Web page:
Stack Overflow is a community of 4.7 million programmers, just like you, helping each other.

Join them; it only takes a minute:

Sign up
Join the Stack Overflow community to:
  1. Ask programming questions
  2. Answer and help your peers
  3. Get recognized for your expertise

I am using <f:convertNumber> tag to convert a decimal input.

<f:convertNumber minFractionDigits="2" />

But it's accepting trailing alphabatic characters. For example, if I input 12345.1234AAA it converts to 12345.123. I would like it to throw a conversion error on that instead of trimming the alphabetic characters. How can I achieve this?

share|improve this question

This simply is the standard behavior of java.text.NumberFormat as used by <f:convertNumber>: It trims all entries after the first not-allowed character (e.g. letters or decimal separators others than the ones defined in the input locale). Conversion only fails if the offending character is at the beginning.

I don't really like this behaviour because a user may not notice his mis-typed value got trimmed, resulting in unintended and (even worse) unnoticed auto-correction into a wrong value.

Interestingly enough, the specific number converters behave differently. Using <f:converter converterId="javax.faces.Double" /> does not automatically handle non-numerical input, but fails conversion instead. However, the tag does not possess the additional attributes of convertNumber, such as minFractionDigits or currency symbols.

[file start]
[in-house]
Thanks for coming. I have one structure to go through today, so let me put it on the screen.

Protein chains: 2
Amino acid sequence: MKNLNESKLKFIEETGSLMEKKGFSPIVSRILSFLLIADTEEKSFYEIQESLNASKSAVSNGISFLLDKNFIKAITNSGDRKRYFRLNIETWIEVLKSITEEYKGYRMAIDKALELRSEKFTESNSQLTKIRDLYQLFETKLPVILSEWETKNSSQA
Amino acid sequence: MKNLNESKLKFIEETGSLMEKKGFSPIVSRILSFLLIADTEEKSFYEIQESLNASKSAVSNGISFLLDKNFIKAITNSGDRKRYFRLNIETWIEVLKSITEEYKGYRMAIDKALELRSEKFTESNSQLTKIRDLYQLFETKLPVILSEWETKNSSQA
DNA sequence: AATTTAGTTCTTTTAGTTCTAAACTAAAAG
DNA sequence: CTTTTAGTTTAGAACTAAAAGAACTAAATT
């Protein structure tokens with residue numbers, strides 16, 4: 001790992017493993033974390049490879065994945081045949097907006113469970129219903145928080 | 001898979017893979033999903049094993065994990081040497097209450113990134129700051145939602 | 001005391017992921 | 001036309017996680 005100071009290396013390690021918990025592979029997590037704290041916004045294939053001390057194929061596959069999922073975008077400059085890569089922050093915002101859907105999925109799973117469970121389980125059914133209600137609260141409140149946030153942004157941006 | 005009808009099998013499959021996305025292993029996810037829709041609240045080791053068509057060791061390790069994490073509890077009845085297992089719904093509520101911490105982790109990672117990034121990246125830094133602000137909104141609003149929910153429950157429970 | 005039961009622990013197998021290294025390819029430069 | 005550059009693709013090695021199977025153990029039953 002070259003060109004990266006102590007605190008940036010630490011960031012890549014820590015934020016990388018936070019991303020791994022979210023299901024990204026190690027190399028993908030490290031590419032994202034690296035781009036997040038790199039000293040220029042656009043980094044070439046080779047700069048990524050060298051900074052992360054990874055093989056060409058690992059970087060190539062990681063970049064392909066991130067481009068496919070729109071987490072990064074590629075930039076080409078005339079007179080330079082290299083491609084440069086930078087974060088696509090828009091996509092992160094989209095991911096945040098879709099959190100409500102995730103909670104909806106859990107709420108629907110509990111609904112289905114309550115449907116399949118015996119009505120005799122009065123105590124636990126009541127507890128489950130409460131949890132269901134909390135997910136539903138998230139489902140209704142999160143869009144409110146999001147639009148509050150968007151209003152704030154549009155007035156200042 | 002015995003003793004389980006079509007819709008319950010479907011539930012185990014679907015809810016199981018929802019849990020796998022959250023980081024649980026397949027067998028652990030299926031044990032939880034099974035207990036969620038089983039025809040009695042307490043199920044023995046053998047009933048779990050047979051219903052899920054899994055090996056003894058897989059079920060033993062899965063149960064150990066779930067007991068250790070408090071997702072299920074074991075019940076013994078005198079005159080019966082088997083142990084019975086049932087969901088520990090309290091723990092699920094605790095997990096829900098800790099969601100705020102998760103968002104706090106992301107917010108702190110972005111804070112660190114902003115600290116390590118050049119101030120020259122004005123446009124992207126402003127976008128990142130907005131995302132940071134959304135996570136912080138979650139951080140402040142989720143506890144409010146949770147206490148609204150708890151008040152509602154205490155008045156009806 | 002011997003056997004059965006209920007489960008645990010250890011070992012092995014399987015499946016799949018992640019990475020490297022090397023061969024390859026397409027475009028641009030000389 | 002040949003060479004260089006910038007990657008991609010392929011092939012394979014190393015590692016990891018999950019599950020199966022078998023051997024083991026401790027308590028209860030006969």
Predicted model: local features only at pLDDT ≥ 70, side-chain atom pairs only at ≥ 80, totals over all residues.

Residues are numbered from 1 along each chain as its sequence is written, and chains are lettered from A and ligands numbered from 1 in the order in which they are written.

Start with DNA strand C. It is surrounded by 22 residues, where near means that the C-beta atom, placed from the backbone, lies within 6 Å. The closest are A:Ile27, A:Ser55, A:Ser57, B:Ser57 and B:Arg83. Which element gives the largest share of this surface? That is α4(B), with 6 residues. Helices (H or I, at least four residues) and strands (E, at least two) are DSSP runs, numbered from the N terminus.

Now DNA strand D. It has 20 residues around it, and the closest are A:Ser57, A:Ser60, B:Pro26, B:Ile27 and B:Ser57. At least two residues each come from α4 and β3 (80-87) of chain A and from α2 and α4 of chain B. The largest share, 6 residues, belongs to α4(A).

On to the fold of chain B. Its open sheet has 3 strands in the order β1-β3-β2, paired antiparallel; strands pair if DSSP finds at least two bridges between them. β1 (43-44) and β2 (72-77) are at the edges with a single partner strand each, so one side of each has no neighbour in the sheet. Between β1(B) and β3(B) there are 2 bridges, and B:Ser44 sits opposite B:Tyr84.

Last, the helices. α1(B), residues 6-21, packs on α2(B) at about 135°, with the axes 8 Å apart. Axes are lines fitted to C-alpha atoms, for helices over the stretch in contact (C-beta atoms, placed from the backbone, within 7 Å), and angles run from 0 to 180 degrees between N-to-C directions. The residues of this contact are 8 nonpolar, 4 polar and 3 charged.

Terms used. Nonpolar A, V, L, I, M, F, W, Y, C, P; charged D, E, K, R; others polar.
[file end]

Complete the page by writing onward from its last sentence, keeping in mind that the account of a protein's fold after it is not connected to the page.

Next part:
A different approach would be to write your own custom converter which extends the standard converter as described in this answer. You could then check the value for characters and directly abort further processing (throwing an according conversion exception) if you find any. If the value is already character-free you could call the standard behavior of the converter you derive from.

The drawback of both ways is that you loose the additional capabilities of convertNumber. You do not have attributes such as minFractionDigits or currencySymbol on <f:converter>, so if you need this you'd have to find another way to pass in a parameter. Our implementation does not require any of these, so I haven't looked into this any further (we went for approach A), but this answer presents an approach to do so.

share|improve this answer

Your Answer


By posting your answer, you agree to the privacy policy and terms of service.

Not the answer you're looking for? Browse other questions tagged or ask your own question.